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Pennyheatsinks

In order to investigate the effectiveness of non-traditional heatsinks on the TO-220 component package, Warren tested out several approaches with pennies and even a paperclip.

In a recent thread on Head-Fi, someone asked how well a paperclip would work for heat-sinking a TO-220 part. Much speculation ensued (much of it from your humble author), including opinions that a penny might work better, and then the argument moved on to exactly how to use the penny and so on. I eventually decided that experimentation was called for, which lead to this article.

Perhaps surpisingly, the paperclip proved mightier than a single pennny. Read the detailed results of further testing – DIY Heat Sinks [via Hacked Gadgets]

Collin Cunningham

Born, drew a lot, made video, made music on 4-track, then computer, more songwriting, met future wife, went to art school for video major, made websites, toured in a band, worked as web media tech, discovered electronics, taught myself electronics, blogged about DIY electronics, made web videos about electronics and made music for them … and I still do!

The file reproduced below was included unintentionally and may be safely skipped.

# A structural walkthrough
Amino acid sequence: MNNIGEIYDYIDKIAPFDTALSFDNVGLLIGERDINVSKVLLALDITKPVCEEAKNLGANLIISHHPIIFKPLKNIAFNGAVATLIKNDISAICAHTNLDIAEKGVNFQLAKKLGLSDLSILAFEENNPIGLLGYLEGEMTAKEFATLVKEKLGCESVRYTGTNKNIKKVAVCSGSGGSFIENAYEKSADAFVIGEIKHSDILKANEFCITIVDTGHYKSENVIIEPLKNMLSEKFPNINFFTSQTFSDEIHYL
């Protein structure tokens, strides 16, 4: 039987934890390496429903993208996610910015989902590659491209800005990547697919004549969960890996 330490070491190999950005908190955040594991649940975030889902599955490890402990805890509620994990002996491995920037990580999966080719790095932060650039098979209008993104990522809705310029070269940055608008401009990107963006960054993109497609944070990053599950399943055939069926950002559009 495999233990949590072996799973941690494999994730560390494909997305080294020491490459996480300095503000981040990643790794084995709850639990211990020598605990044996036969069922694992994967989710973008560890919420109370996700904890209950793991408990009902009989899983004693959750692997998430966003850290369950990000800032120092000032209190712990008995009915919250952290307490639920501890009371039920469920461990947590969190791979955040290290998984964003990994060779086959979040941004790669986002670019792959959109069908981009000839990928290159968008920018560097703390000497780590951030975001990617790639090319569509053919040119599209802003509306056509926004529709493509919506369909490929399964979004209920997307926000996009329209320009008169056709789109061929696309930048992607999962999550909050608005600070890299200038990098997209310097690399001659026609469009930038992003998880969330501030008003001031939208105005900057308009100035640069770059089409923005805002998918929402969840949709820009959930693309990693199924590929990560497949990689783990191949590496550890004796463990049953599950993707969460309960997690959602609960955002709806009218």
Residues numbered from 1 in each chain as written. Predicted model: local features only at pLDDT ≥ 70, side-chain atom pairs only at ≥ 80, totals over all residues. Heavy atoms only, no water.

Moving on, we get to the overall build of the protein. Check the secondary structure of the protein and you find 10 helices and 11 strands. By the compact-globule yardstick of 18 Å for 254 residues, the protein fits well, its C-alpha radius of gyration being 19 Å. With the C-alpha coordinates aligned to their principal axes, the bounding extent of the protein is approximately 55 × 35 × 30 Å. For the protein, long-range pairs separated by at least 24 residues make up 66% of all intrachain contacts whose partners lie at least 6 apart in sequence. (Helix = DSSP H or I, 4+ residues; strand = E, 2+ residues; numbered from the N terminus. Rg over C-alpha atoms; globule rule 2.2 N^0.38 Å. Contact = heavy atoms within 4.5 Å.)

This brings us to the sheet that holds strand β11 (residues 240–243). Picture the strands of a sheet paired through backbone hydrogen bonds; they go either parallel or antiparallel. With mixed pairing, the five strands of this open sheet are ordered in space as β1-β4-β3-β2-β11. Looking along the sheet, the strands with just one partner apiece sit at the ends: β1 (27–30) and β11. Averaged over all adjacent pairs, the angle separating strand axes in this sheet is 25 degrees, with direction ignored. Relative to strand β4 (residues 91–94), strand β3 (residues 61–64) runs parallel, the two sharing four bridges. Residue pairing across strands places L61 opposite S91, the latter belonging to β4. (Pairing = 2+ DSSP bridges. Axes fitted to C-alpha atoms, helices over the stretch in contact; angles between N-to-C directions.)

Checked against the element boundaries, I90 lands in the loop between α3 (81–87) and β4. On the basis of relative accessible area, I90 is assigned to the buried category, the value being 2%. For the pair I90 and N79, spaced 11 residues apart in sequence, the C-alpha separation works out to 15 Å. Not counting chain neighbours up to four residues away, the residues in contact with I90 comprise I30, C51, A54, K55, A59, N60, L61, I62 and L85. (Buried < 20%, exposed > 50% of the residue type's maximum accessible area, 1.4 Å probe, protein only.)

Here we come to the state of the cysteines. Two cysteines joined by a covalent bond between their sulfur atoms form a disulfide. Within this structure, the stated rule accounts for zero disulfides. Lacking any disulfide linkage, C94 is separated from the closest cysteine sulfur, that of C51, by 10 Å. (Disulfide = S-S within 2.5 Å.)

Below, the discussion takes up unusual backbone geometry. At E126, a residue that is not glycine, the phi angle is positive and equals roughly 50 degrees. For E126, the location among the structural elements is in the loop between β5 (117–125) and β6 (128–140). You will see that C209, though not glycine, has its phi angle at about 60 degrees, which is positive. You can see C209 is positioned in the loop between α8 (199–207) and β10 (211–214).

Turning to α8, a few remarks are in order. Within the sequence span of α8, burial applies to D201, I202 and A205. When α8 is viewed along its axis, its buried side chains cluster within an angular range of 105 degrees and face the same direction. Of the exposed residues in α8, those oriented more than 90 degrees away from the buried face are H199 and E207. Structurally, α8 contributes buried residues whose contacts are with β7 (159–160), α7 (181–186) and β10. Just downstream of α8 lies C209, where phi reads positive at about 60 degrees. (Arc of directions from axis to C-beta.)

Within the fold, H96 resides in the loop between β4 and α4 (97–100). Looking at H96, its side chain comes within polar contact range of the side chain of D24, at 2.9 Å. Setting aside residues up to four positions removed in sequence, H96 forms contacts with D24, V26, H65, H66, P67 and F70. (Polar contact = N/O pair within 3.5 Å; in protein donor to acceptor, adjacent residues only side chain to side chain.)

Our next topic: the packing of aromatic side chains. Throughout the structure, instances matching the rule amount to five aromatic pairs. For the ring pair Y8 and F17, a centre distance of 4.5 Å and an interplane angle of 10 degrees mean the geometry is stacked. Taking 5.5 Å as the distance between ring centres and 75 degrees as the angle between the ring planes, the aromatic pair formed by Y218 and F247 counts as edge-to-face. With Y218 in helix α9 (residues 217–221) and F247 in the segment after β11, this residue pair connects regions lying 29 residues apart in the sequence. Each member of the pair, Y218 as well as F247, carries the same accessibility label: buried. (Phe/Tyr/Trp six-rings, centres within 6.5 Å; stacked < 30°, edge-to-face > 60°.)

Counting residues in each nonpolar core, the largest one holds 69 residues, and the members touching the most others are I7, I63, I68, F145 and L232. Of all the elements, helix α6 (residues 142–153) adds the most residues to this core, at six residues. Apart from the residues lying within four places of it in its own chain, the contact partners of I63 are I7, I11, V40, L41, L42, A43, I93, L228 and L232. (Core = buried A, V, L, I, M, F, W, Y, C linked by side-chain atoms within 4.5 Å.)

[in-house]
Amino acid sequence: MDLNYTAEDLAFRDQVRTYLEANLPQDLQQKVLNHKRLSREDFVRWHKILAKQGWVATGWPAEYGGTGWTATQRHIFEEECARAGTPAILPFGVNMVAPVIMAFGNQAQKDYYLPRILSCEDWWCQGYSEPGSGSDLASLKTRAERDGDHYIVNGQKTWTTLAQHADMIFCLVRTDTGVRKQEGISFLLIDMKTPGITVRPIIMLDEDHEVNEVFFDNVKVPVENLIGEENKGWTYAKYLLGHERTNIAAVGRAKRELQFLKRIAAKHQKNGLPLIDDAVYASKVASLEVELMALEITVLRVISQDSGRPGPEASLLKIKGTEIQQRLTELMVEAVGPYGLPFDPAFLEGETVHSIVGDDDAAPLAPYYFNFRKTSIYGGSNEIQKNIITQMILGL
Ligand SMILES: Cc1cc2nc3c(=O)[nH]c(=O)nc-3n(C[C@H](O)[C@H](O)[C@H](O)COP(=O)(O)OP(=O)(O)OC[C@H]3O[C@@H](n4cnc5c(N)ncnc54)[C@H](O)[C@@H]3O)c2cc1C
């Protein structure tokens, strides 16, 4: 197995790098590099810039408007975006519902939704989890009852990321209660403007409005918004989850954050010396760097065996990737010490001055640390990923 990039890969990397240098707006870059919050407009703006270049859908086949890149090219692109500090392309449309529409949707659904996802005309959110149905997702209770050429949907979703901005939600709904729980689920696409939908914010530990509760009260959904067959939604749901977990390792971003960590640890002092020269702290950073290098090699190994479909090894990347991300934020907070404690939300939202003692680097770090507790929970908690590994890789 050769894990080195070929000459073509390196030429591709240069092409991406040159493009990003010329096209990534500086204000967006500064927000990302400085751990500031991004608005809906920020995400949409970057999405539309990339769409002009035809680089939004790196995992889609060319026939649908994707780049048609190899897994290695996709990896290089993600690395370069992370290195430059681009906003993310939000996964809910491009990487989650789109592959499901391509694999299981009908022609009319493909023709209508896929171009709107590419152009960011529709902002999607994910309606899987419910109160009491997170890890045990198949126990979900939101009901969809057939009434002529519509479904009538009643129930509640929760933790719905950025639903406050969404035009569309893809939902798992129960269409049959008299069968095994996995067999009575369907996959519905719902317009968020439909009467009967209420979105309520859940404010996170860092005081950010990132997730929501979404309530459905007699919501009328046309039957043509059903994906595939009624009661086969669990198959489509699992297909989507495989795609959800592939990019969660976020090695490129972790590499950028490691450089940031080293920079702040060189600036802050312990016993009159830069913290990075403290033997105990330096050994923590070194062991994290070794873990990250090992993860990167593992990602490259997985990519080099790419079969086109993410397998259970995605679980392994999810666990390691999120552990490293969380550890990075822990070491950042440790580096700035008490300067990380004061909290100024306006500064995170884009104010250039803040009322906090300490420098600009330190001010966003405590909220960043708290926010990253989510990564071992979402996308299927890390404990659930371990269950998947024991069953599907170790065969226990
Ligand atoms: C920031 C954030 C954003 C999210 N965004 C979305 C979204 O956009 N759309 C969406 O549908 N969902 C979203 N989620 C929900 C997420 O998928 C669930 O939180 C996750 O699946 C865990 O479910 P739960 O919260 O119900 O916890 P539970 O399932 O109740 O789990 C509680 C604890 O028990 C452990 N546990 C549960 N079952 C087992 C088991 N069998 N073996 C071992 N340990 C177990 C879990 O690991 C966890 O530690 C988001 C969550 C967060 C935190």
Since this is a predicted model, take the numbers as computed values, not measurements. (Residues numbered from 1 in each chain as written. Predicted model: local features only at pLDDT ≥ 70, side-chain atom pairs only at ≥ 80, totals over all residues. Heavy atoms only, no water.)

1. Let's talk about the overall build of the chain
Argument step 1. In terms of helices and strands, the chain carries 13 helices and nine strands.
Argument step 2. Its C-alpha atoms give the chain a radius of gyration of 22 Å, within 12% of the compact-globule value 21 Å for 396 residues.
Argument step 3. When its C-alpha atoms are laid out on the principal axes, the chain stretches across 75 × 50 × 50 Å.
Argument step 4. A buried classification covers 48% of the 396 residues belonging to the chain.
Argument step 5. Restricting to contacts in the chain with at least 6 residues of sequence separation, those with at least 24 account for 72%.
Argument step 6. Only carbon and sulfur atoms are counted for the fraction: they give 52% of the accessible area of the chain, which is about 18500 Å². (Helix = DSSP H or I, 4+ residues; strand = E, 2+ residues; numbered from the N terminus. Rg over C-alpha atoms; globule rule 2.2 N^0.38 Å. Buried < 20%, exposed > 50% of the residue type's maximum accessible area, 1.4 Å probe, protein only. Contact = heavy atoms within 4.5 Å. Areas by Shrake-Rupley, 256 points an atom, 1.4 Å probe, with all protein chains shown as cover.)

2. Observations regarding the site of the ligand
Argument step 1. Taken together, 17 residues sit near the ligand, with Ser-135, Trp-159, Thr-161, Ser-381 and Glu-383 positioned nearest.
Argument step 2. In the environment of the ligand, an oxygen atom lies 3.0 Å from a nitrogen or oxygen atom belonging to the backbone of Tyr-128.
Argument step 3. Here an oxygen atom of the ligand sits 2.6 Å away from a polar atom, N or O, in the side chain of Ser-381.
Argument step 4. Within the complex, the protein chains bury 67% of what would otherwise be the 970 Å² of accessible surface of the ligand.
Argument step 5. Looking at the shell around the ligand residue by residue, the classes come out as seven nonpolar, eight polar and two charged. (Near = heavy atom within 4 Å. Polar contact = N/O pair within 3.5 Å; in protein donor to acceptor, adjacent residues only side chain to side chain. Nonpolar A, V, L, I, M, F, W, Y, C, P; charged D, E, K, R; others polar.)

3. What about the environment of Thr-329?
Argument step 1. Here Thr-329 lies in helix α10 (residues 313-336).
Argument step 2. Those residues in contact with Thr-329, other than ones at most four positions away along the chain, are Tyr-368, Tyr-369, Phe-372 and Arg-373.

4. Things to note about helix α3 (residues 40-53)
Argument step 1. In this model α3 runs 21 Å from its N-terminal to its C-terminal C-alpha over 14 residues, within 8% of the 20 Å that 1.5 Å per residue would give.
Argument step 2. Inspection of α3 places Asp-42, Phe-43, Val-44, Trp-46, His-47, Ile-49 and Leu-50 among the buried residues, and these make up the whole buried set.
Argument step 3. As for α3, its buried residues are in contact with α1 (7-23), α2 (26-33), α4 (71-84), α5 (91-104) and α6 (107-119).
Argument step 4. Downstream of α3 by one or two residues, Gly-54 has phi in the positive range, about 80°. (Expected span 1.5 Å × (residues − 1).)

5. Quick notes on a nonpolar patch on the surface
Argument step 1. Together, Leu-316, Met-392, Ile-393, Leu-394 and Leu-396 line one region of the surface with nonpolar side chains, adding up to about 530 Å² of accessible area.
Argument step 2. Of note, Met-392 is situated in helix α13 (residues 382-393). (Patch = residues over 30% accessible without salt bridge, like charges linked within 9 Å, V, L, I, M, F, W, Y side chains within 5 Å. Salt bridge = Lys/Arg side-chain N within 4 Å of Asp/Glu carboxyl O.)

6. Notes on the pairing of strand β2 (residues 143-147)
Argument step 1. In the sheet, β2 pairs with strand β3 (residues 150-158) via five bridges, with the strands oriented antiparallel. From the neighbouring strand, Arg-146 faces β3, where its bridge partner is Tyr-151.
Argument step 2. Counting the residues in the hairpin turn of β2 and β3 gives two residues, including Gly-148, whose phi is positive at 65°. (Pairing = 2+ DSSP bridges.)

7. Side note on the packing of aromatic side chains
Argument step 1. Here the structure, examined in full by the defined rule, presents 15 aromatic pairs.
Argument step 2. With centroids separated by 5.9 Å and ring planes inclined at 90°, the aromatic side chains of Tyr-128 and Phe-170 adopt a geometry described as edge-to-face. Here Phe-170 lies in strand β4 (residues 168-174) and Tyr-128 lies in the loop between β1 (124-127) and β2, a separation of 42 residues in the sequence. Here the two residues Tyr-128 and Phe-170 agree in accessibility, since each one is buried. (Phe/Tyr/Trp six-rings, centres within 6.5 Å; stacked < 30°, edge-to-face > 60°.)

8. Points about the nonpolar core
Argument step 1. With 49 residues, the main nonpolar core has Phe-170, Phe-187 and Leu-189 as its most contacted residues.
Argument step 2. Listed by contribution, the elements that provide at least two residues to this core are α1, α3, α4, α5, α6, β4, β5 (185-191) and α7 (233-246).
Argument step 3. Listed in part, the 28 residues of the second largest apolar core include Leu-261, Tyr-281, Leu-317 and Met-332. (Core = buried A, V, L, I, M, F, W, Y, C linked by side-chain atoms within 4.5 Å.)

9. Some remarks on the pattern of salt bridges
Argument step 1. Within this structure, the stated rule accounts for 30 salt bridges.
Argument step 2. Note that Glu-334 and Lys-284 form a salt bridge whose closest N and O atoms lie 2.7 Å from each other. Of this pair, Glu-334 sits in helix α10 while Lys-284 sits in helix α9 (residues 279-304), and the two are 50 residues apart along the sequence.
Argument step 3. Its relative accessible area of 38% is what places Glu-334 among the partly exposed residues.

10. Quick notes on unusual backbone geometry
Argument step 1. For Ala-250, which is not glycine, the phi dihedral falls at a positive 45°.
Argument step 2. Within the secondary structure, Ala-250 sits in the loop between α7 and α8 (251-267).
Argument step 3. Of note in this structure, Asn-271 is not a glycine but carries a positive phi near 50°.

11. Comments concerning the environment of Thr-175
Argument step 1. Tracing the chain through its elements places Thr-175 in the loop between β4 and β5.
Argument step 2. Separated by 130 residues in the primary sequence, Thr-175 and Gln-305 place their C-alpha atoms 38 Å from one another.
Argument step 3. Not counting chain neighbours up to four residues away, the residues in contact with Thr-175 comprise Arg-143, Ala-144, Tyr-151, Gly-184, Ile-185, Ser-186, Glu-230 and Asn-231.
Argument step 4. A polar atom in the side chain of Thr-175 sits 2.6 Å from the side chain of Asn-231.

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Comments

  1. vivi says:

    Interestingly the paper clip does better than the penny. As someone said on hackedgadgets a penny does not add much surface to dissipate heat. I sometimes use metal paper clamps to cool regulators or transistors on breadboards or while debugging designs, with relative success.

  2. BigD145 says:

    Those pennies look fairly new. If you want to use pennies because you think they are copper, then use some copper pennies and not the zinc ones we have now.

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